In one Hong Kong study, the effects of four ‘humour-threat’ antismoking cartoon posters were evaluated in 183 12- to 15-year-olds.
The results suggested that while the humour-threat posters didn’t increase antismoking attitudes they did decrease antismoking behavioural intentions.
However, the cartoons that were better liked, more humorous, and more frightening didn’t produce increased antismoking attitudes or behavioural intentions.
Threat, humour and gender differences
Earlier in 2018, researchers from The Netherlands showed a group of men and women funny and serious health messages stressing the negative consequences of binge drinking or caffeine consumption.
The people in the study were shown content that included a funny visual metaphor, a slapstick cartoon or a serious message.
The researchers found that the health risk messages were more persuasive when communicated with humour. Interestingly, though, humour in health communication played a different role for men and women.
Men responded more in line with message goals when the message combined ‘high threat’ with humour, whereas women preferred the ‘low threat’ humour messages.
Humour in road safety ads
Australian researchers conducted a preliminary study of 18 licenced drivers to determine the drivers’ thoughts about, and responses to, humour in road safety messages.
This study used different types of humorous messages, nothing Speck’s (1991) typology of five types of humour; comic wit, sentimental humour, satire, sentimental comedy and full comedy.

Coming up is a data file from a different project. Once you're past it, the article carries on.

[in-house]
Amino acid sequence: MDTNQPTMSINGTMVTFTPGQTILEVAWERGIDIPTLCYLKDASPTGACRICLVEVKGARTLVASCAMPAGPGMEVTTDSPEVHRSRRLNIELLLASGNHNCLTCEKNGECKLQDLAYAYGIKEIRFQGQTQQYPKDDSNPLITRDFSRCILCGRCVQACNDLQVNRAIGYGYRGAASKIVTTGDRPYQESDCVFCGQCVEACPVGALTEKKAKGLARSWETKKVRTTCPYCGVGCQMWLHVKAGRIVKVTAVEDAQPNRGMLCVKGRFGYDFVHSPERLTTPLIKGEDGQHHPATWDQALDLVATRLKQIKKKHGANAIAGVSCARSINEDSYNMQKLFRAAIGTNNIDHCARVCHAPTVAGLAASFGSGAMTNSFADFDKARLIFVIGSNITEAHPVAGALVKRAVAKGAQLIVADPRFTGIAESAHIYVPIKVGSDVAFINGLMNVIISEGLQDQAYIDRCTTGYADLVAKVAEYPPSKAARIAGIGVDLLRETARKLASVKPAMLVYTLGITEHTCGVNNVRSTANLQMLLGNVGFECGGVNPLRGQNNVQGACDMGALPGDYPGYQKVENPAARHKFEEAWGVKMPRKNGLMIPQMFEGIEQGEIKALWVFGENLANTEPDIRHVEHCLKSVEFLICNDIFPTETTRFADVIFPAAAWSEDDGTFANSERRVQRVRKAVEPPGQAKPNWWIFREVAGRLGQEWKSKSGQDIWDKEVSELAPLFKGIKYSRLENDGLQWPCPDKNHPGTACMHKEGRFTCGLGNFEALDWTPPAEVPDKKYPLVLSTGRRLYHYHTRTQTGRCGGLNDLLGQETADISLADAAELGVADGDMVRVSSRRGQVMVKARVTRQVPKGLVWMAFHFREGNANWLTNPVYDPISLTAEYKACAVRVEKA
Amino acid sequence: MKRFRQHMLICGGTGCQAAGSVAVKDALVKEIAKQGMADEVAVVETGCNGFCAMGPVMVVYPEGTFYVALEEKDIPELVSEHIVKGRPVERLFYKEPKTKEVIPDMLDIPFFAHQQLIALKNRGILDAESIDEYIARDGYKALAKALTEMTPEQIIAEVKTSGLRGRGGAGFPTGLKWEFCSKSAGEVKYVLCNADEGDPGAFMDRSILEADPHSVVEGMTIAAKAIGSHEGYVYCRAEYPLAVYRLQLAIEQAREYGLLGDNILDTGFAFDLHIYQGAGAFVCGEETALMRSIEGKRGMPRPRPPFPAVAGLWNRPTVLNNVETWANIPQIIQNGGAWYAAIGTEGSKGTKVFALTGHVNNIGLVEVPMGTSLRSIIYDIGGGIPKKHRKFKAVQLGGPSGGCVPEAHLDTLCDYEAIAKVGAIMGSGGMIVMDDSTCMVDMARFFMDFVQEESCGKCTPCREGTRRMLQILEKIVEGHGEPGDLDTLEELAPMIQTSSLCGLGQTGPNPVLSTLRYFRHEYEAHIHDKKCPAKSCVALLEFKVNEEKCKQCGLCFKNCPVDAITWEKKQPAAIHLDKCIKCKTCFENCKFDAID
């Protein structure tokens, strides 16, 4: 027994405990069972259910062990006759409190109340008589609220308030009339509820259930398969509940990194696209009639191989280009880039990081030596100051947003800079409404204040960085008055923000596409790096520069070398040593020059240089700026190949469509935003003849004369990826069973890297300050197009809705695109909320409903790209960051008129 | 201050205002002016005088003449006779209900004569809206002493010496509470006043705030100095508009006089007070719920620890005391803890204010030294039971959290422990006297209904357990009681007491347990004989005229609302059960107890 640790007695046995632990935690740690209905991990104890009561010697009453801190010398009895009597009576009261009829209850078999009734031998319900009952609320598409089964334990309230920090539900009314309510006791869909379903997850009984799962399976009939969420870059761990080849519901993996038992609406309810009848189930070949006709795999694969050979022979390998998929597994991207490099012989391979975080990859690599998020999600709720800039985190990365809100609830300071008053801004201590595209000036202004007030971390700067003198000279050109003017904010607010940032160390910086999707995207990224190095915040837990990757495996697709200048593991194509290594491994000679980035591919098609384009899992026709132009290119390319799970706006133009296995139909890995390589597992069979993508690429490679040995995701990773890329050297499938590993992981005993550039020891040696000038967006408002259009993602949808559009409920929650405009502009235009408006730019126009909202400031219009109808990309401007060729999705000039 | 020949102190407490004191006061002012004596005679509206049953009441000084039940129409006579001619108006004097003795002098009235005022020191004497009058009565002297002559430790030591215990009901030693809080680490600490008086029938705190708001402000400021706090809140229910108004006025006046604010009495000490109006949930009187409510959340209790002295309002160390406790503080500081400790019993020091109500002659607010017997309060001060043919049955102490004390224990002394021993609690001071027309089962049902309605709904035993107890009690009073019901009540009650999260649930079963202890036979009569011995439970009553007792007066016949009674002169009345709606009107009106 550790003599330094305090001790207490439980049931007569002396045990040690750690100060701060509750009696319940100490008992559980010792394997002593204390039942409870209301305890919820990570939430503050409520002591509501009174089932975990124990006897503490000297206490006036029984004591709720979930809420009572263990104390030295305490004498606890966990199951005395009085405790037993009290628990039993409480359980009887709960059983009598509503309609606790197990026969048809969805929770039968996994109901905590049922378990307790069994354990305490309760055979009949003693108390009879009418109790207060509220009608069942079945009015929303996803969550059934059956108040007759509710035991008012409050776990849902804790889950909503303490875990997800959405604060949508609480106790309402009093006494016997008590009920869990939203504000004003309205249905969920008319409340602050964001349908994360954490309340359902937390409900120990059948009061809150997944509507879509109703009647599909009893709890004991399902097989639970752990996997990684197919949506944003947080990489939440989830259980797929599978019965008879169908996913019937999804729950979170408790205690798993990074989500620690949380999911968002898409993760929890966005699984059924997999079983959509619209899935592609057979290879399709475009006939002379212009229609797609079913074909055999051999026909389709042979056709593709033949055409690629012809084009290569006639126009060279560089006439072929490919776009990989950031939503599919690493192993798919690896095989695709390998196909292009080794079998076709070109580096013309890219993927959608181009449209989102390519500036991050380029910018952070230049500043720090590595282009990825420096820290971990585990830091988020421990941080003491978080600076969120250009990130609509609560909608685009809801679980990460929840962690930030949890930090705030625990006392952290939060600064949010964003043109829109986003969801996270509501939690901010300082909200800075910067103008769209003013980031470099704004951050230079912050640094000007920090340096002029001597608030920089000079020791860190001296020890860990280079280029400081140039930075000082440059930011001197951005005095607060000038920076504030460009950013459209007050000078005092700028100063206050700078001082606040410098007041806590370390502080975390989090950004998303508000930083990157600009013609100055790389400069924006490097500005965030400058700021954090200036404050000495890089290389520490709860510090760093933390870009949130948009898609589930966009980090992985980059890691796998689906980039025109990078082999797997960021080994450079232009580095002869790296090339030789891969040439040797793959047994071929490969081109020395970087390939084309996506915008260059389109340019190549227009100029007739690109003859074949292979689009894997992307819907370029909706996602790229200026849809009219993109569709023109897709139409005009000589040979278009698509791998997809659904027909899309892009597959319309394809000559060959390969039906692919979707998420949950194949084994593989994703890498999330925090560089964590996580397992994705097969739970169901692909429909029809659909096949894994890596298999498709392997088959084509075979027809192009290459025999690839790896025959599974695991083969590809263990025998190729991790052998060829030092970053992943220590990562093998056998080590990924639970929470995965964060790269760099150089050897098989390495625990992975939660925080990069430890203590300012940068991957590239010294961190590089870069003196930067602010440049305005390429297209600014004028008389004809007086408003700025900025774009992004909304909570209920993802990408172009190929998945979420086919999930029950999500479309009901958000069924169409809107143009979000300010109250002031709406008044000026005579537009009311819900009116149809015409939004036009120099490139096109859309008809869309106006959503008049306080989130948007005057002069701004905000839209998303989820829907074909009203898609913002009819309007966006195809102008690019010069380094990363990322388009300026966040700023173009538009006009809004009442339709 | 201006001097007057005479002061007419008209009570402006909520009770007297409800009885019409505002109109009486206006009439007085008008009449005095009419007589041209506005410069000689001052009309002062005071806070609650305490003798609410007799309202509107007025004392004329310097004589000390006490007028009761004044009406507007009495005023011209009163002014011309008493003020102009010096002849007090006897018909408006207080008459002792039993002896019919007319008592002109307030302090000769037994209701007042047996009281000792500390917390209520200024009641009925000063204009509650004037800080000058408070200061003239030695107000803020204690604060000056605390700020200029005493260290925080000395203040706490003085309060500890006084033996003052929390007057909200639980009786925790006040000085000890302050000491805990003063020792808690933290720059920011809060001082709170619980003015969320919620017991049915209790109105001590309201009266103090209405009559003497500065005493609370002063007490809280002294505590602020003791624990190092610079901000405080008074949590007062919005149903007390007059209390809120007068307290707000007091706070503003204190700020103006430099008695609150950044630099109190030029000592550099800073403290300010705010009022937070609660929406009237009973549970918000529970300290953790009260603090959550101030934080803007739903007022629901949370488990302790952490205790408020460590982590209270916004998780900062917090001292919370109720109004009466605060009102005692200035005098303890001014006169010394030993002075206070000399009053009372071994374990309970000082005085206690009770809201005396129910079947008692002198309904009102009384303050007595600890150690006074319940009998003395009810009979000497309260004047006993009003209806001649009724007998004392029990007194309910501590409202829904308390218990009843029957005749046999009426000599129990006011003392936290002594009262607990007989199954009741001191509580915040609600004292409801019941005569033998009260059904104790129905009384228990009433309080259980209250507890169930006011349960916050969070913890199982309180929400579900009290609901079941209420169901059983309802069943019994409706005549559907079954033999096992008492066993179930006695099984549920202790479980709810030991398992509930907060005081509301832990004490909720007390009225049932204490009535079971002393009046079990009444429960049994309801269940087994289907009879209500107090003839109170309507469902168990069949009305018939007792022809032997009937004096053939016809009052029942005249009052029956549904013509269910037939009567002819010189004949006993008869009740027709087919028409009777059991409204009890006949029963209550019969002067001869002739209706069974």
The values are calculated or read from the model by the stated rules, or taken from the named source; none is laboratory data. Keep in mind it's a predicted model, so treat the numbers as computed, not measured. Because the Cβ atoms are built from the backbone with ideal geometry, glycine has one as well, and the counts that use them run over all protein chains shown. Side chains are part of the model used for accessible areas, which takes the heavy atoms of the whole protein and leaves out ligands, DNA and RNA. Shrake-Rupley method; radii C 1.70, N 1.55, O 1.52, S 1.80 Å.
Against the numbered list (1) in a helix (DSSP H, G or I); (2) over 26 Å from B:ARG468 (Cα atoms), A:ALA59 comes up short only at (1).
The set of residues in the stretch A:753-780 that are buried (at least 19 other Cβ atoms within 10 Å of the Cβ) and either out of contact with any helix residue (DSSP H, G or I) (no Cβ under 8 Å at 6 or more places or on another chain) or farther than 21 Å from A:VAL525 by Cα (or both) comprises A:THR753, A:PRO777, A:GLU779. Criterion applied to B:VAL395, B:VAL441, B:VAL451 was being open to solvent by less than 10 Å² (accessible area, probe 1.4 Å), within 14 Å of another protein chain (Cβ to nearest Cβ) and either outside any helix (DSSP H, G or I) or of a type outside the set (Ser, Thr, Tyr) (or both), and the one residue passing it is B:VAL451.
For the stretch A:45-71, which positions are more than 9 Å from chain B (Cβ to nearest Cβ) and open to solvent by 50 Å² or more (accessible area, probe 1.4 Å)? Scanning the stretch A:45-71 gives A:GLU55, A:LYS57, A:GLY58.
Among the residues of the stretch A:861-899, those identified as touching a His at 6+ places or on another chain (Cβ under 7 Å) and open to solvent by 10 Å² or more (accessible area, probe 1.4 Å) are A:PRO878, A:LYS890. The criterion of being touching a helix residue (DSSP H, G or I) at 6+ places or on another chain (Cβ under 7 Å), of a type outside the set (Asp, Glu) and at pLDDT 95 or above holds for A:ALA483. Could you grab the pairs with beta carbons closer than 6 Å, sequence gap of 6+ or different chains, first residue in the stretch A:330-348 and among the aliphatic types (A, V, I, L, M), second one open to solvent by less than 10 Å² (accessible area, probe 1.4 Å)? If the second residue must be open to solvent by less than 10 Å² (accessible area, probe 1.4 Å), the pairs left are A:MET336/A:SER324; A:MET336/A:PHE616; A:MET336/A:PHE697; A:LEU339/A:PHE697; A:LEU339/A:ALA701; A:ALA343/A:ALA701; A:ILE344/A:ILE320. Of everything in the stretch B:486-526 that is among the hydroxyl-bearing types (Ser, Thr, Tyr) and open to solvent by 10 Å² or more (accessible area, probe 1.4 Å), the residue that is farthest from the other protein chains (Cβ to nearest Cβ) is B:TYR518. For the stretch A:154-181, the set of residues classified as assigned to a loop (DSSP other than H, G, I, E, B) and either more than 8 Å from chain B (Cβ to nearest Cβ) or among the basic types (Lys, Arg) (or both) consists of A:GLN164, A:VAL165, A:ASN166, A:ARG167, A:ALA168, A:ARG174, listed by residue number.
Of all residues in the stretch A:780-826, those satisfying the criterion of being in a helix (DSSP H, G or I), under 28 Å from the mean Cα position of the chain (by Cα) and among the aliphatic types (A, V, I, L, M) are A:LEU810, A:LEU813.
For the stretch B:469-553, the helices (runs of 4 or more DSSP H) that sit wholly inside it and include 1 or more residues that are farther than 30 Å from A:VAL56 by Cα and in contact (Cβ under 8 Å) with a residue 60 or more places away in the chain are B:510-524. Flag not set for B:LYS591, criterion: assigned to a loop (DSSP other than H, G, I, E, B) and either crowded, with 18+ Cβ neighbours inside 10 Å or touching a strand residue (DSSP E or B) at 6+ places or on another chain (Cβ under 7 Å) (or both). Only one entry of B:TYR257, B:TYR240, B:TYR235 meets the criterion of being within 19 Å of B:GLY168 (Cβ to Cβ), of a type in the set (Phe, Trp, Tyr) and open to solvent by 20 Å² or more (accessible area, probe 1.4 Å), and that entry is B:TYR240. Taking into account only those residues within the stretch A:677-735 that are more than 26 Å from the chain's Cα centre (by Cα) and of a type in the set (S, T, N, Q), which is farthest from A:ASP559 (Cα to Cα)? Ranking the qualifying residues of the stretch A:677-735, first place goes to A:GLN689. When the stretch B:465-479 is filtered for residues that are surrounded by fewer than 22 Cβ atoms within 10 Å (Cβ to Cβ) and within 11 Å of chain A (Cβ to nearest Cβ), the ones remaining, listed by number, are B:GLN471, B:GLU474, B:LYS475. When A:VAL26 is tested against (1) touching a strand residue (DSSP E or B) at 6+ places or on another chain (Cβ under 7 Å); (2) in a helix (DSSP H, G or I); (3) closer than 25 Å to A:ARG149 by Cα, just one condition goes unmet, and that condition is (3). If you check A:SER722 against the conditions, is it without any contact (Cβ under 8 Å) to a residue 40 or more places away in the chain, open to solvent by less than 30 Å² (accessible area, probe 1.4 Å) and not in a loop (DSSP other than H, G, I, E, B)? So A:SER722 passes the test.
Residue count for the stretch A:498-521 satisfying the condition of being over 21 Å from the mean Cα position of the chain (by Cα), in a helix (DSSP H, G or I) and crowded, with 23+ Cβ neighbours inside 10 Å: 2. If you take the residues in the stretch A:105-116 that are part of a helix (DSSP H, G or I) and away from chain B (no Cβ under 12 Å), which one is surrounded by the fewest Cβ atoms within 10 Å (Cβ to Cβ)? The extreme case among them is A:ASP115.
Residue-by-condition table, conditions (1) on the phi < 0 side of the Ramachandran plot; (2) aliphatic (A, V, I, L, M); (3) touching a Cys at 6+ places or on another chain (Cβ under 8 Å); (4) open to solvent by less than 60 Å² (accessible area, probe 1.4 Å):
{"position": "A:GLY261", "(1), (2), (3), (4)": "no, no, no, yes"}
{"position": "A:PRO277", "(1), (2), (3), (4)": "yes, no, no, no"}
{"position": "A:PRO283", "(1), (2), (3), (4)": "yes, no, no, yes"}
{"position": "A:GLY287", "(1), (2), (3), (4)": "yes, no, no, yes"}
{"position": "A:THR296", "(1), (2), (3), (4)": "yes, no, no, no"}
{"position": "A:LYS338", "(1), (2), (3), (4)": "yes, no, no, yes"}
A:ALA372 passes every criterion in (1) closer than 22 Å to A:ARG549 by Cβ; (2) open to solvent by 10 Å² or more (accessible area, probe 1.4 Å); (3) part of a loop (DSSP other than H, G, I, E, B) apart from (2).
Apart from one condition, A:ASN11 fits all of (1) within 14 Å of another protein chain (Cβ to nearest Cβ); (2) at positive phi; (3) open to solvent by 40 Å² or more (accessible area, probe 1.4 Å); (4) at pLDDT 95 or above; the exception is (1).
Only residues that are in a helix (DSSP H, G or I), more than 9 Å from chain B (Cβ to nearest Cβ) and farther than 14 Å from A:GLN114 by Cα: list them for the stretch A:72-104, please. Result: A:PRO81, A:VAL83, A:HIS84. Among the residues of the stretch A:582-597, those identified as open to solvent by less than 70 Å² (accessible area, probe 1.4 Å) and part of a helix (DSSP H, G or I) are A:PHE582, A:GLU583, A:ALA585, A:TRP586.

The researchers found that several key themes emerged. Humour needed to be clever, unexpected, and in contrast with the everyday. Overall, the people in the study showed interest in, and support for, using humour – but, the research team advised exercising caution when using humour to communicate about a serious health topic.
The researchers also noted that there was a ‘persuasive function’ of humorous messages.
Using humour in health communication: Getting started
While there’s still limited evidence regarding the persuasiveness of different types of humour in health communication, current research seems to suggest humour may be appropriate in some, but not all, contexts.
To determine whether you should try using humour, you’ll need to carefully consider your target audience, the objectives of the content or campaign, and other key contextual considerations.
And, if you do want to experiment with a little humour: is it possible to learn how to be funny? You can only try – and, the following articles are a great place to start:
- How to mix humour into your writing (Writer’s Digest)
- Seven steps to writing better humour (Writers Write)
- Humour writing for people who aren’t funny (The Write Practice)
- Four commandments to writing funny (The Write Practice)
- How to be funny (Science of People)
- Eight steps to becoming a funnier person (Psychology Today)
- Can you teach someone to be funny? (Psychology Today)
Over to you
Are you comfortable using humour in health communication? Let us know in the comments.